Facts Matter: Trump tweet goes viral ­-- but it's fake

  • A British man created a fake Twitter post that appeared to come from President Donald Trump.

    A British man created a fake Twitter post that appeared to come from President Donald Trump.

Updated 6/23/2018 6:59 PM

A fake Twitter post appearing to be sent by President Donald Trump commented about the stock market and included a misspelling.

Its actual author says he was shocked when it went viral.


"If the Dow Joans ever falls more than 1000 'points' in a Single Day the sitting president should be 'loaded' into a very big cannon and Shot into the sun at TREMENDOUS SPEED! No excuses!," says the false post, which purported to be from Feb. 15, 2015.

The Twitter post showed up on social media in March, following a sharp drop in the Dow Jones index.

Shaun Usher, a British blogger and curator of historic letters, said he meant the post as a parody of Trump's current views clashing with his pre-presidential statements, the News Literacy Project reports.

Usher expressed surprise people were taking the tweet seriously and posted again a short time later. "Not for one second did I think people would believe that to be genuine," he wrote.

Several websites, such as Factba.se, run by former U.S. News and World Report vice president Bill Frischling, track actual Trump Twitter posts. Trump has posted on the platform more than 37,000 times since 2009, according to the News Literacy Project.

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Is Winnie the Pooh female?

"How old were you when you found out Winnie the Pooh is a girl?" read a Twitter post earlier this month.

The beloved title character of A.A. Milne's children's books was suddenly having his gender questioned.

This rumor came from the 2015 book "Finding Winnie: The True Story of the World's Most Famous Bear," which traces the inspiration for Pooh to a female bear named Winnipeg who lived at the London Zoo, according to Snopes.com.

But Milne referred to Pooh as "he" throughout the books written in the 1920s, Snopes reports. "Winnie-the-Pooh" begins with a bear named Edward who was "known to his friends as Winnie-the-Pooh."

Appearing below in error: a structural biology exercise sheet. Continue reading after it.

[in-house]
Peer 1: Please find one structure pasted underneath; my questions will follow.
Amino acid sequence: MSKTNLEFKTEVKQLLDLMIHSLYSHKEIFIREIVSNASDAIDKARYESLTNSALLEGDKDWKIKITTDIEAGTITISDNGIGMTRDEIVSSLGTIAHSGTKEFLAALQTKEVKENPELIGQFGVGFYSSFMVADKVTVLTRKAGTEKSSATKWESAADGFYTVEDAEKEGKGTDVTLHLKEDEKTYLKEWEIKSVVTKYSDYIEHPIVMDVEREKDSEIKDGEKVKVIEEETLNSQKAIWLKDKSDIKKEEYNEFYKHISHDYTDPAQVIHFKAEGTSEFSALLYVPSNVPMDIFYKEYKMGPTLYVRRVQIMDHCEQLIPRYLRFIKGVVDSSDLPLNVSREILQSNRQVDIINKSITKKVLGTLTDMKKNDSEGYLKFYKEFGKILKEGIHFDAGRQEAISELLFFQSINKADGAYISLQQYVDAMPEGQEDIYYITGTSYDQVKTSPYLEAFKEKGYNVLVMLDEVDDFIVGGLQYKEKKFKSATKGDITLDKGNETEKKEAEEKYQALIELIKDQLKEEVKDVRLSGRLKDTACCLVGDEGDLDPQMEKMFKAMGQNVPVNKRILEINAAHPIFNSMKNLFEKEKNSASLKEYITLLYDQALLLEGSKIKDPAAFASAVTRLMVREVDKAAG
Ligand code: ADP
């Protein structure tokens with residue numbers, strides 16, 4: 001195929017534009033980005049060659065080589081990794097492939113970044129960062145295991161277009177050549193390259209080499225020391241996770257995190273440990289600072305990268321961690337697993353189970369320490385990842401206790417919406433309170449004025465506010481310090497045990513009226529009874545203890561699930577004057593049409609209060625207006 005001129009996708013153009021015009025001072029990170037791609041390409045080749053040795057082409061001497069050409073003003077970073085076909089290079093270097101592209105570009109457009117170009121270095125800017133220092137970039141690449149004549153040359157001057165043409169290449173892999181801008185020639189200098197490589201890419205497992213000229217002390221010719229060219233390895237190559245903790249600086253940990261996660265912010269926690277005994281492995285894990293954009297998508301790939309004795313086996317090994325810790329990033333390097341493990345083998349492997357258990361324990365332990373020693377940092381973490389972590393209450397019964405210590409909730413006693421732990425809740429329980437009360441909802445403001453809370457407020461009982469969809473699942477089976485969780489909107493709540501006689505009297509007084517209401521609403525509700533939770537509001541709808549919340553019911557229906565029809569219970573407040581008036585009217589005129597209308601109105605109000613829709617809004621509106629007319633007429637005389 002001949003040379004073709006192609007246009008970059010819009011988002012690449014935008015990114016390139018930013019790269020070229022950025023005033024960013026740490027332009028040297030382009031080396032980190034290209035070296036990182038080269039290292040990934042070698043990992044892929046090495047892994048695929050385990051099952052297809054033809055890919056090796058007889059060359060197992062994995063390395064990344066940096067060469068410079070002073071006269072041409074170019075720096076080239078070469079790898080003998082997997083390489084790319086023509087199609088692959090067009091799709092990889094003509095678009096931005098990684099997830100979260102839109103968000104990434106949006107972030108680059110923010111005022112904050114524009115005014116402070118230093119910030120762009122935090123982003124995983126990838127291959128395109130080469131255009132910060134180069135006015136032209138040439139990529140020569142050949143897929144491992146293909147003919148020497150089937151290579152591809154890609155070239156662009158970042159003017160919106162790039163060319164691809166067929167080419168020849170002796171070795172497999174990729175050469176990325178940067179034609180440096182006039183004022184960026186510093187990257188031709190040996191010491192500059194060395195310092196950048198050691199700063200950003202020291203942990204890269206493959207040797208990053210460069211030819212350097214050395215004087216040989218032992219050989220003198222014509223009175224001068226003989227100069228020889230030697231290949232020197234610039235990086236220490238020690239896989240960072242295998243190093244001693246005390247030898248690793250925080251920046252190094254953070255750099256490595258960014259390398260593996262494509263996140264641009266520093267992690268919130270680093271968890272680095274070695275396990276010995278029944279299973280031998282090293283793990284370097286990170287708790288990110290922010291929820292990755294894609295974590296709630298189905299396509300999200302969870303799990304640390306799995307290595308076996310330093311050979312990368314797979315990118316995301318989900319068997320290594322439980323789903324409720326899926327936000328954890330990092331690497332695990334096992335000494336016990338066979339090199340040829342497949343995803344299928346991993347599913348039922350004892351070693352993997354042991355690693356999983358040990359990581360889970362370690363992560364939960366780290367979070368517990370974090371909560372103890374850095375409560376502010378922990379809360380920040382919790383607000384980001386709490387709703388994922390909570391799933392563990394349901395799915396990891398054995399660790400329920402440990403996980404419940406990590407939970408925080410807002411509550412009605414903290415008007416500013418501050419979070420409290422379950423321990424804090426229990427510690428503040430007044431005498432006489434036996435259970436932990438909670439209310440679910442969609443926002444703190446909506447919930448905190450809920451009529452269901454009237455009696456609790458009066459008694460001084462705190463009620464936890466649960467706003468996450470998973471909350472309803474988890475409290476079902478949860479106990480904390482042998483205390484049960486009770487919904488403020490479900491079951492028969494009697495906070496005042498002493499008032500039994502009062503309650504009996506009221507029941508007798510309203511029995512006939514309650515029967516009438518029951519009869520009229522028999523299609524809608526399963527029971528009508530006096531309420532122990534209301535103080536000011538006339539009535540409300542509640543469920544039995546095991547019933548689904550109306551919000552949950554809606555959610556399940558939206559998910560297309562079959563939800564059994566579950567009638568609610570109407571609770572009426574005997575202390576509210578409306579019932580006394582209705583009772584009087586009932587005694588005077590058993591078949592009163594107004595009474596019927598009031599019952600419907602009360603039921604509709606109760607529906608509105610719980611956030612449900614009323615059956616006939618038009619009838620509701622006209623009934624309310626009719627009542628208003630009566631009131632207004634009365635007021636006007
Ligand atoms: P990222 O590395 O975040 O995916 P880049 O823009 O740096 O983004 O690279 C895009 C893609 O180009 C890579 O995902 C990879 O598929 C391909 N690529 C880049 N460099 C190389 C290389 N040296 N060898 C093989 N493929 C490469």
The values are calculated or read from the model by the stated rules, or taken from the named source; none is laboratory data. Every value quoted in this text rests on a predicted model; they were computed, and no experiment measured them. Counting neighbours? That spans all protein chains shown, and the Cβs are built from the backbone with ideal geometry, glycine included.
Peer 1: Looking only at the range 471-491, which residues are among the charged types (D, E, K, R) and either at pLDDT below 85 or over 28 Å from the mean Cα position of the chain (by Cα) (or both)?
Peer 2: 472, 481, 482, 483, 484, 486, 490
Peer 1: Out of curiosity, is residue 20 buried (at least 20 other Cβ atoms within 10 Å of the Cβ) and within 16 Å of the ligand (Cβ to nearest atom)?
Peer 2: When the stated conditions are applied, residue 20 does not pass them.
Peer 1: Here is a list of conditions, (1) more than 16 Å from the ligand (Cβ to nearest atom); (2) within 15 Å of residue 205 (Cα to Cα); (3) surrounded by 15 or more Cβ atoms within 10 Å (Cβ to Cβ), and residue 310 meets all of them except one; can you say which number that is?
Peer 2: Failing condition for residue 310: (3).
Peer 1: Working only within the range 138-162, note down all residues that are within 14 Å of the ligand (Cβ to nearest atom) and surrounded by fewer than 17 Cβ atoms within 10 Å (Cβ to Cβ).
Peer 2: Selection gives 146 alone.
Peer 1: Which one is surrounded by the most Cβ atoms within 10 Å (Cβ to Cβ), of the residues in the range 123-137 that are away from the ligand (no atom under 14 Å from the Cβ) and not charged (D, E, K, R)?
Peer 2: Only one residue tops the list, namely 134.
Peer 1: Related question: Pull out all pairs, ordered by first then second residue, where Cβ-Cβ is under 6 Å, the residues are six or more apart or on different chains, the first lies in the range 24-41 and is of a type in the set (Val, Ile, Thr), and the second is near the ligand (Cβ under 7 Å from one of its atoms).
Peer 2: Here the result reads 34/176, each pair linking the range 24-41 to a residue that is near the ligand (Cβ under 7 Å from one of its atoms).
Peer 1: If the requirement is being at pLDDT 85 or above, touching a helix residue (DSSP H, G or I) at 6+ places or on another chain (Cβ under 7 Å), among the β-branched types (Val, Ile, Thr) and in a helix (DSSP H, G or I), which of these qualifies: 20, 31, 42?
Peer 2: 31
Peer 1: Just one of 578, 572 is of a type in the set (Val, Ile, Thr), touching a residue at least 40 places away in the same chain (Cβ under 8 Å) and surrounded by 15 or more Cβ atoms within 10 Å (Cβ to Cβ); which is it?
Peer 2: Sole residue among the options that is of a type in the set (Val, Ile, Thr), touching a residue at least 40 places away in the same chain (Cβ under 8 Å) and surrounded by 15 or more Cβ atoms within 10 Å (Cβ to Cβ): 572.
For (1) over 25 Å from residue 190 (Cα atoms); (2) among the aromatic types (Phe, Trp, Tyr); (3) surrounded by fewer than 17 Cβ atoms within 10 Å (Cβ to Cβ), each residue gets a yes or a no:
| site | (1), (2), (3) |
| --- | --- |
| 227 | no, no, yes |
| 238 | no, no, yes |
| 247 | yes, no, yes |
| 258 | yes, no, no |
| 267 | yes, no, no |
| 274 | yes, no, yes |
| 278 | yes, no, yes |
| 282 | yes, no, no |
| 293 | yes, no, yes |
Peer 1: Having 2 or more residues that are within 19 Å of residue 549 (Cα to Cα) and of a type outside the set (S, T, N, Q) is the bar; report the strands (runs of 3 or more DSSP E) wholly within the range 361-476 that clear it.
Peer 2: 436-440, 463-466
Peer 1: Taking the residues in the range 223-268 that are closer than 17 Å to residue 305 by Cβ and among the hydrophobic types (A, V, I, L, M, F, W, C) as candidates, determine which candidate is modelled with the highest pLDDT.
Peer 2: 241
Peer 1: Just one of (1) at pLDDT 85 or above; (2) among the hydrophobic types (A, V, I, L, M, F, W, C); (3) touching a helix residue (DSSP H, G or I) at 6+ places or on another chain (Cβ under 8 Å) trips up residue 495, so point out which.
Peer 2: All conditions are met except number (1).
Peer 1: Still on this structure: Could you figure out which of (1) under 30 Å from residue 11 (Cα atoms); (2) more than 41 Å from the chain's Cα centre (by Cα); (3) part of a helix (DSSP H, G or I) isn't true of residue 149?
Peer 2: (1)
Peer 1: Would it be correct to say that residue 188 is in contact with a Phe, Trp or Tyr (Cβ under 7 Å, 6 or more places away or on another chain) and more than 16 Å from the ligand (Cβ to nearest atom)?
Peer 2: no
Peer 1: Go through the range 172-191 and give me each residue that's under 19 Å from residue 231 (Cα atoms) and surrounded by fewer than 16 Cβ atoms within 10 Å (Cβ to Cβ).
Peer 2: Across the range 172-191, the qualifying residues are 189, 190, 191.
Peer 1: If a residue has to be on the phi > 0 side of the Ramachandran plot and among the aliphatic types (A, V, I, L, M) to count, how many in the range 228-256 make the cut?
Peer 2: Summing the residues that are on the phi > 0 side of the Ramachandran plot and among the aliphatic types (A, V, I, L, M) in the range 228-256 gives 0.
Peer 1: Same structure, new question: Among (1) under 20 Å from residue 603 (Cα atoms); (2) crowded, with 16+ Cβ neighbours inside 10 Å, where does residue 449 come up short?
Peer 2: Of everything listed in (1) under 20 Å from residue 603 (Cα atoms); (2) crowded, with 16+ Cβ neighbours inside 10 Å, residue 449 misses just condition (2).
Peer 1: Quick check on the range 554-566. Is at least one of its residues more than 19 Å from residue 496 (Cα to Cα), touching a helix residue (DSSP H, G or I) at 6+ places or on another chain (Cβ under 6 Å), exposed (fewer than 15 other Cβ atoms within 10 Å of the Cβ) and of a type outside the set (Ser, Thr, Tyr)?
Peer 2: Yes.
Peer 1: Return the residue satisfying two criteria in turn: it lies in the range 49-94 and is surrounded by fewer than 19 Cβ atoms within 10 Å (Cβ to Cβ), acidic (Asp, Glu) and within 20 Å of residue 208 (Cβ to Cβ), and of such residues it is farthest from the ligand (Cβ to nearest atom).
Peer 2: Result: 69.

The name came from a stuffed bear the author gave to his son, Christopher Robin Milne, on the boy's first birthday. That toy bear was named Edward but was called Winnie after the youngster visited the brown bear at the zoo, according to Time.com. "Pooh" was the product of a name Christopher Robin Milne gave to a swan.


Trump cartoon just part of the story

A recent Twitter post, urging readers to share, displays a cartoon of President Trump snatching an immigrant child and claims that image got the artist fired.

Editorial cartoonist Rob Rogers, 59, was let go last week by the Pittsburgh Post-Gazette but his bosses said the firing was not the result of a single cartoon.

The paper's editorial director, Keith Burris, had recently rejected a number of Rogers' drawings, "including some on President Donald Trump," according to the Post-Gazette.

Rogers, who has worked at the Pittsburgh newspaper for 25 years, was unwilling to "collaborate" with Burris about his work, the Post-Gazette said.

In response to the firing, the Post-Gazette's newsroom managers and Newspaper Guild members purchased advertising space in Tuesday's paper, the Post-Gazette reported. The ad includes a photo of the staff and maintains newsroom operations are separate from the editorial page.

Rogers, in an Op-Ed piece published by The New York Times, said in March management decided his cartoons about Trump were "too angry." During a recent three-month period 19 cartoons or proposals were rejected, he said.

Not all were about the president. A cartoon featuring a hooded Klansman in a doctor's office asking the physician, "Could it be the Ambien?" was killed after it was already placed on a page in preparation for publication, Rogers said.

Story follows De Niro's speech

Robert De Niro's colorful speech during the June 10 Tony Awards resurrected a 20-year-old story that the actor was involved in a child sex trafficking ring.

Although the charge was deemed "mostly false" by Snopes.com, there was an incident that launched the fake claim.

In 1998 De Niro was questioned after his name was mentioned by a person involved in an investigation of a group charged with "procuring" prostitution in France. He was not charged and was not in any other way involved in the case, according to Snopes.

An article published in 1998 mentioned De Niro as a possible client of the prostitution ring.

On the heels of the Oscar winner's expletive-filled outburst against President Donald Trump earlier this month, the story took off on social media, now with a pedophilia claim. It had nearly 80,000 likes 10 days later, according to trend-monitoring website Trendolizer.com.

• Bob Oswald is a veteran Chicago-area journalist and former news editor of the Elgin Courier-News. Contact him at boboswald33@gmail.com.

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